Conditions in a baby that can result in a NICU stay
This occurs when an opening forms in the baby’s abdominal wall while it is in the womb. The bowel then pushes through the whole and develops outside the baby’s body in the amniotic fluid. Due to the bowel now being unprotected, it can become irritated, swollen and damaged. The condition develops early in the pregnancy and can be repaired with surgery after the baby is born. Learn more about how gastroschisis can be repaired.
A diaphragmatic hernia happens when your baby’s diaphragm has a hole in it because it has not formed properly in the uterus. This hole means that the organs in your baby’s tummy can push through the muscle and crowd the lungs, preventing them from developing properly.
Congenital Hyperinsulinism (CHI) is the most common cause of hypoglycemia (low blood sugar) in infants, as well as children. If this rare, and often severe, disorder is not treated, these children are at risk for seizures of even permanent brain damage.
Intrauterine growth restriction
Intrauterine growth restriction (IUGR) refers to a condition in which an unborn baby is not growing at a normal rate inside the womb, causing it to be smaller than it should be. This delayed growth can put the baby at risk of certain health problems during pregnancy, delivery, and after birth such as low birth weight, decreased oxygen levels, hypoglycemia, and more. The most common cause is an issue with the placenta not providing enough nutrients and/or oxygen to the baby.
Congenital heart defect
These conditions with the baby’s heart are formed in the first few weeks of pregnancy and continue to be present at birth. There are many different types and can involve the interior walls of the heart, the valves inside the heart and the arteries and veins that carry blood either to the heart or out to the body.
Our NICU has a state-of-the-art cardiology unit for newborns who require heart surgery. An entire team of neonatologists, cardiologists, cardiothoracic surgeons and neonatal and cardiac nurses monitor your baby around the clock.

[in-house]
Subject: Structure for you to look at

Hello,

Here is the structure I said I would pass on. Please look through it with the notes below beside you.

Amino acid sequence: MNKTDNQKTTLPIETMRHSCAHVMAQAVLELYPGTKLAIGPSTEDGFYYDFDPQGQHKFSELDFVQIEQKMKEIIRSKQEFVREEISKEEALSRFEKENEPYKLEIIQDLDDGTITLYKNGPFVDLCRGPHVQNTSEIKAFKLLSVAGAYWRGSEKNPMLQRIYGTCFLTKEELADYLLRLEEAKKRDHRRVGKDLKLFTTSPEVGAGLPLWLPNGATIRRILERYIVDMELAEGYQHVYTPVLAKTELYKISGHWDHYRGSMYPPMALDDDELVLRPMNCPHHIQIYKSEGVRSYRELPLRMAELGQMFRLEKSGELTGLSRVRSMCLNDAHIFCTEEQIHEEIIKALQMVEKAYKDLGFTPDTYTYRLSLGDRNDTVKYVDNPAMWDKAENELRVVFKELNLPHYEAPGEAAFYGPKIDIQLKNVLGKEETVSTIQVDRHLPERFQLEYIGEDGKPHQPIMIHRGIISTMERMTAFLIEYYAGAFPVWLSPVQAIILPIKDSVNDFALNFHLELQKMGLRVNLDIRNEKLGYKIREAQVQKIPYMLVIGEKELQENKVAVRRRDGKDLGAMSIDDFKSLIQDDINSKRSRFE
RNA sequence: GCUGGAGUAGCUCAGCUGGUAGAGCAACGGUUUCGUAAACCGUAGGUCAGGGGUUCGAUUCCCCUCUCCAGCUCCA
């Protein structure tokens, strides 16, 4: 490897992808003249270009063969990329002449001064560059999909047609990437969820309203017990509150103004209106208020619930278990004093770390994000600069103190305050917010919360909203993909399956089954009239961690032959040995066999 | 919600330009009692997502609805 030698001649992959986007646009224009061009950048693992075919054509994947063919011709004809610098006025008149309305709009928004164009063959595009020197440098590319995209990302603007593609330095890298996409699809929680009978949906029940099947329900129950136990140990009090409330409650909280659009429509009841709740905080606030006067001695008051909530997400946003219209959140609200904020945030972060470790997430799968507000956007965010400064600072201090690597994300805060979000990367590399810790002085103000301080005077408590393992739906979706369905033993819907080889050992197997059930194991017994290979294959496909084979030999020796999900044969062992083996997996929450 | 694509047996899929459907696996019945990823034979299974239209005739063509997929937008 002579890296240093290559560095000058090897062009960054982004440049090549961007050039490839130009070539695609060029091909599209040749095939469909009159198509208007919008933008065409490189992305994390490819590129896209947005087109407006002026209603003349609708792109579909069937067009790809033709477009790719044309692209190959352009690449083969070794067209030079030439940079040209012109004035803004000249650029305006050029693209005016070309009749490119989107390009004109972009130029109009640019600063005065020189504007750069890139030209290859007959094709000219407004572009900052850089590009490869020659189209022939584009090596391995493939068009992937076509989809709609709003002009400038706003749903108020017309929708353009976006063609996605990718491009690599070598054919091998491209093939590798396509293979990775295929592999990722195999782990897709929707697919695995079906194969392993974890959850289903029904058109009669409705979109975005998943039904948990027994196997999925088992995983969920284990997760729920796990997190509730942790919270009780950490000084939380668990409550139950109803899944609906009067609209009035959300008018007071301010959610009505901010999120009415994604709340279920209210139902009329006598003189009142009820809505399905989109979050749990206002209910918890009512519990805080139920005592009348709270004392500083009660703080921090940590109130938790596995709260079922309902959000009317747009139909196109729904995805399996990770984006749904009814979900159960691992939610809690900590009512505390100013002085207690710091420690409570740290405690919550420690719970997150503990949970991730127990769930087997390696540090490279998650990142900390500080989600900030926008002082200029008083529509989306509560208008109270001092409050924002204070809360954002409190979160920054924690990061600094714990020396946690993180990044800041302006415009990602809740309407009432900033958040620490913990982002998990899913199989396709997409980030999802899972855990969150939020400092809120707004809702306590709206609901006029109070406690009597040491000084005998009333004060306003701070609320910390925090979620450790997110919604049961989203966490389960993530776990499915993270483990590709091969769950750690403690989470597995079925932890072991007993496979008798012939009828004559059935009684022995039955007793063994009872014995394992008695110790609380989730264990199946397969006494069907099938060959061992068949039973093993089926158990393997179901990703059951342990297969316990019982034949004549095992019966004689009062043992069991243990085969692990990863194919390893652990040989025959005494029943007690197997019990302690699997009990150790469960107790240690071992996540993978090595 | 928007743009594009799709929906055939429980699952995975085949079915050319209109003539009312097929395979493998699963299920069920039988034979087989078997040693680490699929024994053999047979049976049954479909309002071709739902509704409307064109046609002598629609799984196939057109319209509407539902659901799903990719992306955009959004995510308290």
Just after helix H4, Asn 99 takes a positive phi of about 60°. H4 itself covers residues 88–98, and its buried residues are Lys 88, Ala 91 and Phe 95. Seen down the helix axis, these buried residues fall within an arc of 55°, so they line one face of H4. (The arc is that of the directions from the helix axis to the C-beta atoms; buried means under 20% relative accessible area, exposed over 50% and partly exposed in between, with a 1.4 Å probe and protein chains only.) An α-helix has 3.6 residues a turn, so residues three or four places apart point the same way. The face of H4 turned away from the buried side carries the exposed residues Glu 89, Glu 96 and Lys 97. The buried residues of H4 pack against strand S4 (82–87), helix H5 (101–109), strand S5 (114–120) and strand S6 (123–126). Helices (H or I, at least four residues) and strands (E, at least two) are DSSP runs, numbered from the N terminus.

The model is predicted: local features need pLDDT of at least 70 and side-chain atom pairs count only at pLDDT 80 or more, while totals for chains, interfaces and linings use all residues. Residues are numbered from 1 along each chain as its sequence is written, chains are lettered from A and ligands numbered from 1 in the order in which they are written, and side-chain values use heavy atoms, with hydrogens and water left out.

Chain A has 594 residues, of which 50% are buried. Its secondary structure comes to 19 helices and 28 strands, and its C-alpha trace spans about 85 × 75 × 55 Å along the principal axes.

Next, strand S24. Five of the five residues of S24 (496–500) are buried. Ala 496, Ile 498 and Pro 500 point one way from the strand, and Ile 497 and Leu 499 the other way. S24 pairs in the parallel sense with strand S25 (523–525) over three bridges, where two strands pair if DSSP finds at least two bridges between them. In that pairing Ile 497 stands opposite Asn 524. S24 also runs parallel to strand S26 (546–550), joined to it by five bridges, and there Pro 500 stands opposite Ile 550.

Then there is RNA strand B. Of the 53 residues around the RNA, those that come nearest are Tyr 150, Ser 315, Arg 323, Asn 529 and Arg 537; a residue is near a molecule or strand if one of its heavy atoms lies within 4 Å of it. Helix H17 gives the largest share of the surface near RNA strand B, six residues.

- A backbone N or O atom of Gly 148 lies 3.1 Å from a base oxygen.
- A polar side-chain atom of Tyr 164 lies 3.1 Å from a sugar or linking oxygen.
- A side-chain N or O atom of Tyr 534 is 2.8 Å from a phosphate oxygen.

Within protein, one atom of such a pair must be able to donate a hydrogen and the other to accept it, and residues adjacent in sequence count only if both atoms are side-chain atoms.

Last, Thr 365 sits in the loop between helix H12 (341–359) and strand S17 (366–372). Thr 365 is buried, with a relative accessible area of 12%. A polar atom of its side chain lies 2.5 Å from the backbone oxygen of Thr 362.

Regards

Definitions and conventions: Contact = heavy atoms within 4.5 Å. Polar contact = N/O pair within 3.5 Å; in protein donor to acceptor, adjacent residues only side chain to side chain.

What is a preemie?
A preemie, or premature infant, comes into the world earlier than full-term babies. Prematurity occurs when a pregnancy lasts less than 37 weeks; full-term infants are born 27 to 42 weeks after the mother’s last menstrual period. Thanks to recent medical advances, most premature babies survive. Find out more about how to parent your preemie
What is a micro preemie?
A baby that is born before the 26th week of pregnancy or weighs less than 28 ounces (700-800 grams) is considered a micropreemie. Due to their very small size and birthweight, and the fact that they are in very early stages of development, micropreemies have a considerably higher risk of complications than premature babies. Our neonatology team has cared for babies born as early as 22 weeks and weighing only 15 ounces
If you are an expectant parent and your baby has been diagnosed with a condition that will require immediate transfer to a neonatal intensive care unit, or if you are at risk of a preterm birth, we'd love hear from you and arrange a tour of our Level IV NICU.
*At this time, Cook Children's is offering NICU tours for expectant parents only. Ability to meet all tour requests during your preferred time is dependent upon the volume of requests.
If your child is currently in another hospital's NICU and you are requesting a second opinion from one of our physicians, call 682-885-3901 to reach the on-call physician.
Have a question? If you would like to schedule an appointment, refer a patient or speak to our staff, please call 855-687-6428 or visit us at 801 7th Ave., Fort Worth, TX 76104.
For emergent referrals
- Call Teddy Bear Transport at 1-800-KID-HURT (1-800-543-4878)
- Please have the following patient information ready
- Patient’s name and date of birth
- Reason for admission
- Admission type, such as observation or inpatient
- Special needs of patient, such as isolation or equipment
- Patient’s medical history
- For a listing of referral contacts by department you can view, download and/or print our quick reference contact guide by clicking here.